Publication details for Professor Gina PorterPorter, G, Hampshire, K & Abane, A (2011). Children's mobility in Ghana: an overview of methods and findings from the Ghana research study. Society, Biology and Human Affairs 76(1): 1-14.
- Publication type: Journal Article
- ISSN/ISBN: 2046-0058
- Keywords: Africa, Children's agency, Children's mobilities, Children's work, Migration.
- Further publication details on publisher web site
- Durham Research Online (DRO) - may include full text
Author(s) from Durham
The papers in this special issue cover selected themes from a larger project on
child mobility in Ghana, Malawi and South Africa. The themes are those which
individual members of the Ghana research team identified as of particular
interest and on which they have reflected, drawing on material collected and
analysed by the team as a whole. In this paper we take a broader view, first
presenting the background history and context of the three-country study in
which the Ghana research is set (country selection, project design and methods),
then focusing on the research process in Ghana. We follow this process from
the preliminary selection of sites and refining of the project methods to suit
local conditions, through to field collection of data in our two main research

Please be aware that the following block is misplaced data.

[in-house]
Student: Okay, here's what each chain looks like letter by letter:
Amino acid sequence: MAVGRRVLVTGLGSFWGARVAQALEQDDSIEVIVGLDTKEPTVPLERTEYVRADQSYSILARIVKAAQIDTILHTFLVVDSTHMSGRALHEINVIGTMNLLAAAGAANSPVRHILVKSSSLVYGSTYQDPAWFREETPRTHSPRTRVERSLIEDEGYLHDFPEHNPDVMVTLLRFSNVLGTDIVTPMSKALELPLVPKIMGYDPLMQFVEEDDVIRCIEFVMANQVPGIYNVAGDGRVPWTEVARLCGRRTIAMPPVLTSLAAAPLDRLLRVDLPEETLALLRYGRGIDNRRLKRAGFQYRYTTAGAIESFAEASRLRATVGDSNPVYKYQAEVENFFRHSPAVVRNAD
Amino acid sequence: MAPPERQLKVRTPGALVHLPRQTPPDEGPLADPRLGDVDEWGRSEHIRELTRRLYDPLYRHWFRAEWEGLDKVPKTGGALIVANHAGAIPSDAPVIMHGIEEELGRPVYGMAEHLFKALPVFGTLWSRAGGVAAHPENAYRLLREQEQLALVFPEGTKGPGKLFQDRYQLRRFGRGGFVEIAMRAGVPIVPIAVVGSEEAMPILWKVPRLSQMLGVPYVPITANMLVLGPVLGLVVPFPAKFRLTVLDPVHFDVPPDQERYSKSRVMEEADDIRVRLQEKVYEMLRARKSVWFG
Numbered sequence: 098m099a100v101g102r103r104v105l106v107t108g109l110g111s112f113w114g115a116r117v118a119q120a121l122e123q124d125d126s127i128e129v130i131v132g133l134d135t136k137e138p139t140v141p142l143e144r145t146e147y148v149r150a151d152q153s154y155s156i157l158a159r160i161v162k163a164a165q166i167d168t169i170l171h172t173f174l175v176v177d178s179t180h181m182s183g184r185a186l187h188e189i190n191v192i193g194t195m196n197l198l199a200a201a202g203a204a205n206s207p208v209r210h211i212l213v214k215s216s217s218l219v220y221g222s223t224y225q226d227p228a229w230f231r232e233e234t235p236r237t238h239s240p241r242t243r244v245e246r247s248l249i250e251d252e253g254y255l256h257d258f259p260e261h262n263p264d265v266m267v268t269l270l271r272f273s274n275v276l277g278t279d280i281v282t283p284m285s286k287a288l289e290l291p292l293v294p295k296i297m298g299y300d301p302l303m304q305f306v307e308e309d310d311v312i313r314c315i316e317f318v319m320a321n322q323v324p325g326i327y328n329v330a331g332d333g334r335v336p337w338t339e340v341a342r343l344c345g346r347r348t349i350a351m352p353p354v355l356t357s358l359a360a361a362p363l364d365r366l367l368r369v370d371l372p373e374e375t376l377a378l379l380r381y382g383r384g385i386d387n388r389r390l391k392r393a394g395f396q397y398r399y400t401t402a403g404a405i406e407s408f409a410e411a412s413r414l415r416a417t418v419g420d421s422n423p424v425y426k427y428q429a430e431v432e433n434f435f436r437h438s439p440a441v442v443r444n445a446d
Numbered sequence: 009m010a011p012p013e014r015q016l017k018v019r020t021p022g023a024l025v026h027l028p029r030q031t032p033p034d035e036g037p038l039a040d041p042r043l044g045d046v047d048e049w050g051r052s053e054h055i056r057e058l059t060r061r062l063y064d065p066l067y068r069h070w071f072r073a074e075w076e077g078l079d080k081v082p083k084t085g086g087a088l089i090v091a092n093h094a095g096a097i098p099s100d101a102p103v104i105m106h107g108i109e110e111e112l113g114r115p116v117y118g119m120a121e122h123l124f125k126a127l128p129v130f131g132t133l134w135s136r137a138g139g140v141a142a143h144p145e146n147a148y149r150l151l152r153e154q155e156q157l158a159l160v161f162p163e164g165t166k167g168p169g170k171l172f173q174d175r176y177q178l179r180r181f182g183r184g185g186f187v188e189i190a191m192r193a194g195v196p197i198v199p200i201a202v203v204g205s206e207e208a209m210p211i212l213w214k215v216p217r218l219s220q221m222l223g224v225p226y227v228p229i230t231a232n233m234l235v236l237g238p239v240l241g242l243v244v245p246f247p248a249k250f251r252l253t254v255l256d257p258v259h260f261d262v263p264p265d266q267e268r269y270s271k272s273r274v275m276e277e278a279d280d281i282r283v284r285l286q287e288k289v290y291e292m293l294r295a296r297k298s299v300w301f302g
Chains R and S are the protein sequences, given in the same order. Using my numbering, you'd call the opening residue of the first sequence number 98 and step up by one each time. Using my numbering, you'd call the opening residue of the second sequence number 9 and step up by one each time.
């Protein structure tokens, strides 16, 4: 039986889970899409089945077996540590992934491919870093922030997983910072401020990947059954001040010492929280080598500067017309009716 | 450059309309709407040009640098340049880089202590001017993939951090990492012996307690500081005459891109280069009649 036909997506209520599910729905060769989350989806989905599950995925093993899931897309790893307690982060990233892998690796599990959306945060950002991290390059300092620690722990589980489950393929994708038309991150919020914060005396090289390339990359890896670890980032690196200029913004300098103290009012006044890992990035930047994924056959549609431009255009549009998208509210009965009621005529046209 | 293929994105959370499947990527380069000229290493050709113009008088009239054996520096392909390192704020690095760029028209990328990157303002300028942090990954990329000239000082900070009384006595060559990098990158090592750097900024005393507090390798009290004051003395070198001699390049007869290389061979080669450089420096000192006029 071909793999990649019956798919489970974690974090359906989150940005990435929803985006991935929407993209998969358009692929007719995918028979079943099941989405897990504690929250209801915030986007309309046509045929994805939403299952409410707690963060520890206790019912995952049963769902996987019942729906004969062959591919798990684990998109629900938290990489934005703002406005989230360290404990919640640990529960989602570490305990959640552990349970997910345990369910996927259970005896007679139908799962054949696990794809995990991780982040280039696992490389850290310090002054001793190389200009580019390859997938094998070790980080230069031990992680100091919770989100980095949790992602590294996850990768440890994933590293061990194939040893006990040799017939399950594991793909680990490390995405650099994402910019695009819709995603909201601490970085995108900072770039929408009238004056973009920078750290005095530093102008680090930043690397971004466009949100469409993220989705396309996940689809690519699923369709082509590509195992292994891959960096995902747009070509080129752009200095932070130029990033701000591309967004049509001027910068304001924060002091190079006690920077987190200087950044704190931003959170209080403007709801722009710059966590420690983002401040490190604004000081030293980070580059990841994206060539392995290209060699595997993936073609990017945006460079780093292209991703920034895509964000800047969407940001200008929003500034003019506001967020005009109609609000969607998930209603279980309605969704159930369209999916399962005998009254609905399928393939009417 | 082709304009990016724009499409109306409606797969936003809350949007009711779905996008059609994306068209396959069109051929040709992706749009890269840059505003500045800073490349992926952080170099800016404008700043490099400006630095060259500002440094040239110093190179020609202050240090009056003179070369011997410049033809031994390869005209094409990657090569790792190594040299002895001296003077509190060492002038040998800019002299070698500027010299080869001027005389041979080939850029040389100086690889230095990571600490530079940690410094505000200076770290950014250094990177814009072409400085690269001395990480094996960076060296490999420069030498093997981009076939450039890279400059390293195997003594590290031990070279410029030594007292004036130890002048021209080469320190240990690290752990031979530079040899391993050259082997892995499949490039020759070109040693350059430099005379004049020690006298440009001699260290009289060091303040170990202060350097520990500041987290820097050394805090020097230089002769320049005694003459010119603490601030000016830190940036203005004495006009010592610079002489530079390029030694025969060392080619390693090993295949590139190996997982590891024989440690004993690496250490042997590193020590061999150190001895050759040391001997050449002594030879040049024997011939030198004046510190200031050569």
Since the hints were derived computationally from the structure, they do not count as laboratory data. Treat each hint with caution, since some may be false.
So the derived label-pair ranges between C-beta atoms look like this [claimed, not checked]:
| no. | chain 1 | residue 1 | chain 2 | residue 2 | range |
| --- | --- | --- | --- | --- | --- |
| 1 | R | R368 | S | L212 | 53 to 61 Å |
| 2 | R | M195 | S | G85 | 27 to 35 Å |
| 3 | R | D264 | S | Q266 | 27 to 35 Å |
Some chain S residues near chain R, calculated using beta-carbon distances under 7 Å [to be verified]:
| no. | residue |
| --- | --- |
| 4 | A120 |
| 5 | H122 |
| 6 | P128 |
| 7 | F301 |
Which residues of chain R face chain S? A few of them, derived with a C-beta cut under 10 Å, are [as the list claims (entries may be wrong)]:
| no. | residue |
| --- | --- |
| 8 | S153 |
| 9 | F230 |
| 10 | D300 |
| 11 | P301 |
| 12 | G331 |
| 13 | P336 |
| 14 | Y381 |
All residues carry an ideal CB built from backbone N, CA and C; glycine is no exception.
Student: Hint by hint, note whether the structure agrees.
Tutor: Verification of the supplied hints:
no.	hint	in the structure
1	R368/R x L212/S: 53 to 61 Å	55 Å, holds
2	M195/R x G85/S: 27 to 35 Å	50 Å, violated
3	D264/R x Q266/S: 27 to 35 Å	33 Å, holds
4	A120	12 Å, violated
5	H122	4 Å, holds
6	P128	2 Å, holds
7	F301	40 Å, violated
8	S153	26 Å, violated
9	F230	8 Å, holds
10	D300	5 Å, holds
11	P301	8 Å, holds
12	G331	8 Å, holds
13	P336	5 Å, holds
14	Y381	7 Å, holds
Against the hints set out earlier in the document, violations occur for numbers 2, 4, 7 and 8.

strands and its subsequent analysis.
The two research strands pursued in the study present different entry points
through which we can explore children’s mobility and access to services. One
strand comprises relatively conventional academic research: the first part of this
is qualitative (in-depth interviews with children, parents and other key
informants; focus groups; life histories; accompanied walks), the second part
consists of a large-scale quantitative questionnaire survey directed at children
aged c. 9-18 years (N= 1000). Our second main research strand, less
conventionally, is based in young people’s own research, in which (following
some preliminary training) they have selected their research methods and directly
undertaken research with their peers. Findings from this second strand, which
was undertaken at a relatively early stage in the project, by young people aged
between about 11 and 20 years, also helped shape questions in the adult
academic qualitative and quantitative elements.
In the final sections of the paper some of the key findings emerging from the
Ghana data are considered, with attention to the ways in which evidence from
each of the research strands interrelates in building our conclusions. We also
identify some practical interventions which might aid young people’s mobility
and service access in Ghana. Finally, we consider significant new questions
which our mobilities research study has brought to the fore and reflect on the
potential these offer for shaping a future research agenda.